At the recent Reykjavík Global Forum – Women Leaders 2020, former U.S. Secretary of State Hillary Clinton spoke with Ambassador Melanne Verveer, Executive Director of the Georgetown Institute for Women, Peace and Security.
Together these leaders reflected on the progress made since 1995, when Ms. Clinton told delegates gathered at the UN World Conference on Women in Beijing that “Women’s rights are human rights, and human rights are women’s rights.” Secretary Clinton also offered her views on how best to move forward, given that the COVID-19 pandemic has slowed or reversed many hard-won gains for women.
“We can see gains for women, parity in education in many countries, far fewer deaths in childbirth, greater access to healthcare, more women elected to positions in governments, more opportunities in the business world,”
noted Secretary Clinton. But despite such clear advances, evidence shows that progress has been slow to manifest, and far from linear.
In the latest edition of the annual Reykjavík Index for Leadership 2020-2021, results reveal significant, complex and deep-seated prejudices toward women. Younger age groups have become less progressive in how they view women in leadership. As Secretary Clinton indicated, “The norms, the values, the deeply held biases that unfortunately are still so prevalent continue to hold women back. And they even work in a very perverse way – where women hold themselves back.”
Ambassador Verveer pointed to the success of the Reykjavík Global Forum, which last November brought together hundreds of high-level political leaders from around the world. However, she also emphasised the global gap in political representation, which “still has some distance to go before being closed.”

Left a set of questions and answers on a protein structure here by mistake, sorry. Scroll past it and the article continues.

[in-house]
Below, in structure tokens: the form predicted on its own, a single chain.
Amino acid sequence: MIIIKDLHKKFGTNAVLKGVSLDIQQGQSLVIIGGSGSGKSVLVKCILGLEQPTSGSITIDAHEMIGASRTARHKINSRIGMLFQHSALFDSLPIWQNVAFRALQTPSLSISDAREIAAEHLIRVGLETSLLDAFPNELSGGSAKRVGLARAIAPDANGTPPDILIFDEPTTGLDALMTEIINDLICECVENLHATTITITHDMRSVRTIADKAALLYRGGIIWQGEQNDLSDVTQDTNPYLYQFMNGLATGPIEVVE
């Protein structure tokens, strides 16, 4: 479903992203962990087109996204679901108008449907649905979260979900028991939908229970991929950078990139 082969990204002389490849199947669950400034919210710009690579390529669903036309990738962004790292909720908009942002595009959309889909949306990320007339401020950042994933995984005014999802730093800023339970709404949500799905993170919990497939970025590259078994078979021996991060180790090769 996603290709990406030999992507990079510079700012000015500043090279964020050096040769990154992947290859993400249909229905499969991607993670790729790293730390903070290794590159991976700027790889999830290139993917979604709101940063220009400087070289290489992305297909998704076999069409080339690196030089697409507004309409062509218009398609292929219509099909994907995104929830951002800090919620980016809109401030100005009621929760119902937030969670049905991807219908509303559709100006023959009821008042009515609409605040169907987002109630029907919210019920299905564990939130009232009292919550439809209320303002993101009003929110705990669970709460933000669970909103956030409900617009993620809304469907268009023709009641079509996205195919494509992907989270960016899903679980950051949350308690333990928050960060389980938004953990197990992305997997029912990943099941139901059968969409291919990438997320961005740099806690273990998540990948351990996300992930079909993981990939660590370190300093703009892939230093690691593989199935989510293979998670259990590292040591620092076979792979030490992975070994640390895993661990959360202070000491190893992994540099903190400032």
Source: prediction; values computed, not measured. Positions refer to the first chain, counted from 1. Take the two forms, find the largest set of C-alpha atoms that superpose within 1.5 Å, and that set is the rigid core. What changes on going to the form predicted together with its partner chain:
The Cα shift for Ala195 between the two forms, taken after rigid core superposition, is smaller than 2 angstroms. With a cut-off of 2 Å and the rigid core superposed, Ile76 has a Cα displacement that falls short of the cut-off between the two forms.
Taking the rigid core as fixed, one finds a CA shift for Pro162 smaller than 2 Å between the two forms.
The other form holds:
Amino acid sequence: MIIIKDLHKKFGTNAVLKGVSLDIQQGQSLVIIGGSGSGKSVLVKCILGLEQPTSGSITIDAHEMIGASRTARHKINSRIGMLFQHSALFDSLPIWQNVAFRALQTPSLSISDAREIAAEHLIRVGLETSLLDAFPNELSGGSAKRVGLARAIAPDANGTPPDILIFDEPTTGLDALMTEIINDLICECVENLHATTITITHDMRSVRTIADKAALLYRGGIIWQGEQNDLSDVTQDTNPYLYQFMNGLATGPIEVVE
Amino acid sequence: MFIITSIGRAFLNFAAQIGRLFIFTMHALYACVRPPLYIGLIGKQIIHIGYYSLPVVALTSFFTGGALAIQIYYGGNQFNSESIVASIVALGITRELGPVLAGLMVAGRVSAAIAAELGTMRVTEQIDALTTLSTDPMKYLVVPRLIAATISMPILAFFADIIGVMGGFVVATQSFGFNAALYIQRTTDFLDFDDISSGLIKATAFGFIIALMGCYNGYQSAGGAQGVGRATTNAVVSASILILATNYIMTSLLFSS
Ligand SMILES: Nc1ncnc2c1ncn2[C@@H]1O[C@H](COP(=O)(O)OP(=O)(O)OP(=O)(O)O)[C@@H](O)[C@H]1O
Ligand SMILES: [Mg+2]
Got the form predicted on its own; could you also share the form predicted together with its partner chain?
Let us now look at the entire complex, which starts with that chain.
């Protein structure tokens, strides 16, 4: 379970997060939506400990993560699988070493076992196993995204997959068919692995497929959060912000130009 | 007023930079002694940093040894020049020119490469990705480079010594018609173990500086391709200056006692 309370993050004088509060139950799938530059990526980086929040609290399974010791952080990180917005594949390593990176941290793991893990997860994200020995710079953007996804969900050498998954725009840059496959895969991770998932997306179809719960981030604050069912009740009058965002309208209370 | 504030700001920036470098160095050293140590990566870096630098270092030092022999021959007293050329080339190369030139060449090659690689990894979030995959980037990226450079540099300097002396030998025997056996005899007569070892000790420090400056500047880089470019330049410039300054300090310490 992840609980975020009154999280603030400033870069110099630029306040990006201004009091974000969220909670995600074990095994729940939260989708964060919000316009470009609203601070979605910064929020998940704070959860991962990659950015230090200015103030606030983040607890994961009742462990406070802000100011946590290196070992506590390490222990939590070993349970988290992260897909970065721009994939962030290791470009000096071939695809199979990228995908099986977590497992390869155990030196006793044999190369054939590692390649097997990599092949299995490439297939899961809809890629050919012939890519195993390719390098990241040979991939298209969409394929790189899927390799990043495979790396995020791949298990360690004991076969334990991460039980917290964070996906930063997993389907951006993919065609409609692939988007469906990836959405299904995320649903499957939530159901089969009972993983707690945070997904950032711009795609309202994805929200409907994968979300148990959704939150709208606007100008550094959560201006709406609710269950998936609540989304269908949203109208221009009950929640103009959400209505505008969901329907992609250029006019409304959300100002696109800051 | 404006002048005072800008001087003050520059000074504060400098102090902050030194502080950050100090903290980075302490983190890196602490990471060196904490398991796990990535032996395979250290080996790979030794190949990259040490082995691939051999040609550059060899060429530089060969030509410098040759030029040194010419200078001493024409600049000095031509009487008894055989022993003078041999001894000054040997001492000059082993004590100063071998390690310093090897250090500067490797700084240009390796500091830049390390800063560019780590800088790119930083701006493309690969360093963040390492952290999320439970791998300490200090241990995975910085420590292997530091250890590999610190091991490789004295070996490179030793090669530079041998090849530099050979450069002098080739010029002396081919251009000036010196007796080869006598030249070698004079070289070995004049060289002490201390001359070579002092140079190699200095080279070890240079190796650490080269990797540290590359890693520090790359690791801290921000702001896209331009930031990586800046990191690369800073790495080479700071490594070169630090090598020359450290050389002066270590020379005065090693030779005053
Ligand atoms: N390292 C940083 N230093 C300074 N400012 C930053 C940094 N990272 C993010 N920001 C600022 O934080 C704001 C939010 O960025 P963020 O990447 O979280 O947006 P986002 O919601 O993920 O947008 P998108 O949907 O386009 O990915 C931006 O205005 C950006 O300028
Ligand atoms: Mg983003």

She asked Secretary Clinton’s opinion on whether structural changes were required, or else other ways of eliminating the “chasm” between men and women in terms of political leadership. “There have been experiments in lots of countries about what could be termed quotas or setting numbers,” Secretary Clinton replied. “Maybe that should be tried in more places – particularly in parliamentary systems, where you can set lists of candidates, and where the party itself can try to give a boost to more women running and being elected.”
Focusing on the importance of power for women, she added: “The argument I basically made was that 25 years ago, we focused on rights. We needed to claim our rights. We needed to have governments recognise our rights. But without the power to inhabit those rights, we don’t get as far as we should. We have them on paper, but we don’t have them in reality.”
The next stage, therefore, must not only see more women assuming power roles, but must involve women who are determined and committed to increasing the space for women in terms of family, community, government, business, and society in general. “That has to be the priority of our women leaders, because only we have the platforms to point out the unfairness, and the inequities, and the backsliding – which, sadly, we have seen too much of.”
Secretary Clinton also highlighted the importance of women in powerful positions speaking up, particularly on behalf of marginalised women. “Power is really at the center of our thinking now, and we need more women who want to help empower other women and more men as allies for the empowerment of women.”
As regards moving forward in the wake of COVID-19, Secretary Clinton underlined the need for governments to prioritise economic recovery in their countries, but with particular attention paid to the disproportionate number of women who have lost jobs and incomes, and especially single parents tasked with raising children alone. “Let’s be sure we remember the terrible damage of COVID as we try to build back from this pandemic.”
Secretary Clinton’s remarks reflect the need for broad structural transformation – providing solutions that foster gender parity and that offer a blueprint to help societies ‘build back better’. Leaders must take this time in recovery to reimagine political systems, envisioning a proximate future in which women’s leadership is not an exception, but the norm.
Women Political Leaders will continue to demand greater action to increase women’s representation in political leadership and to highlight its importance in addressing the most pressing issues confronting the world today.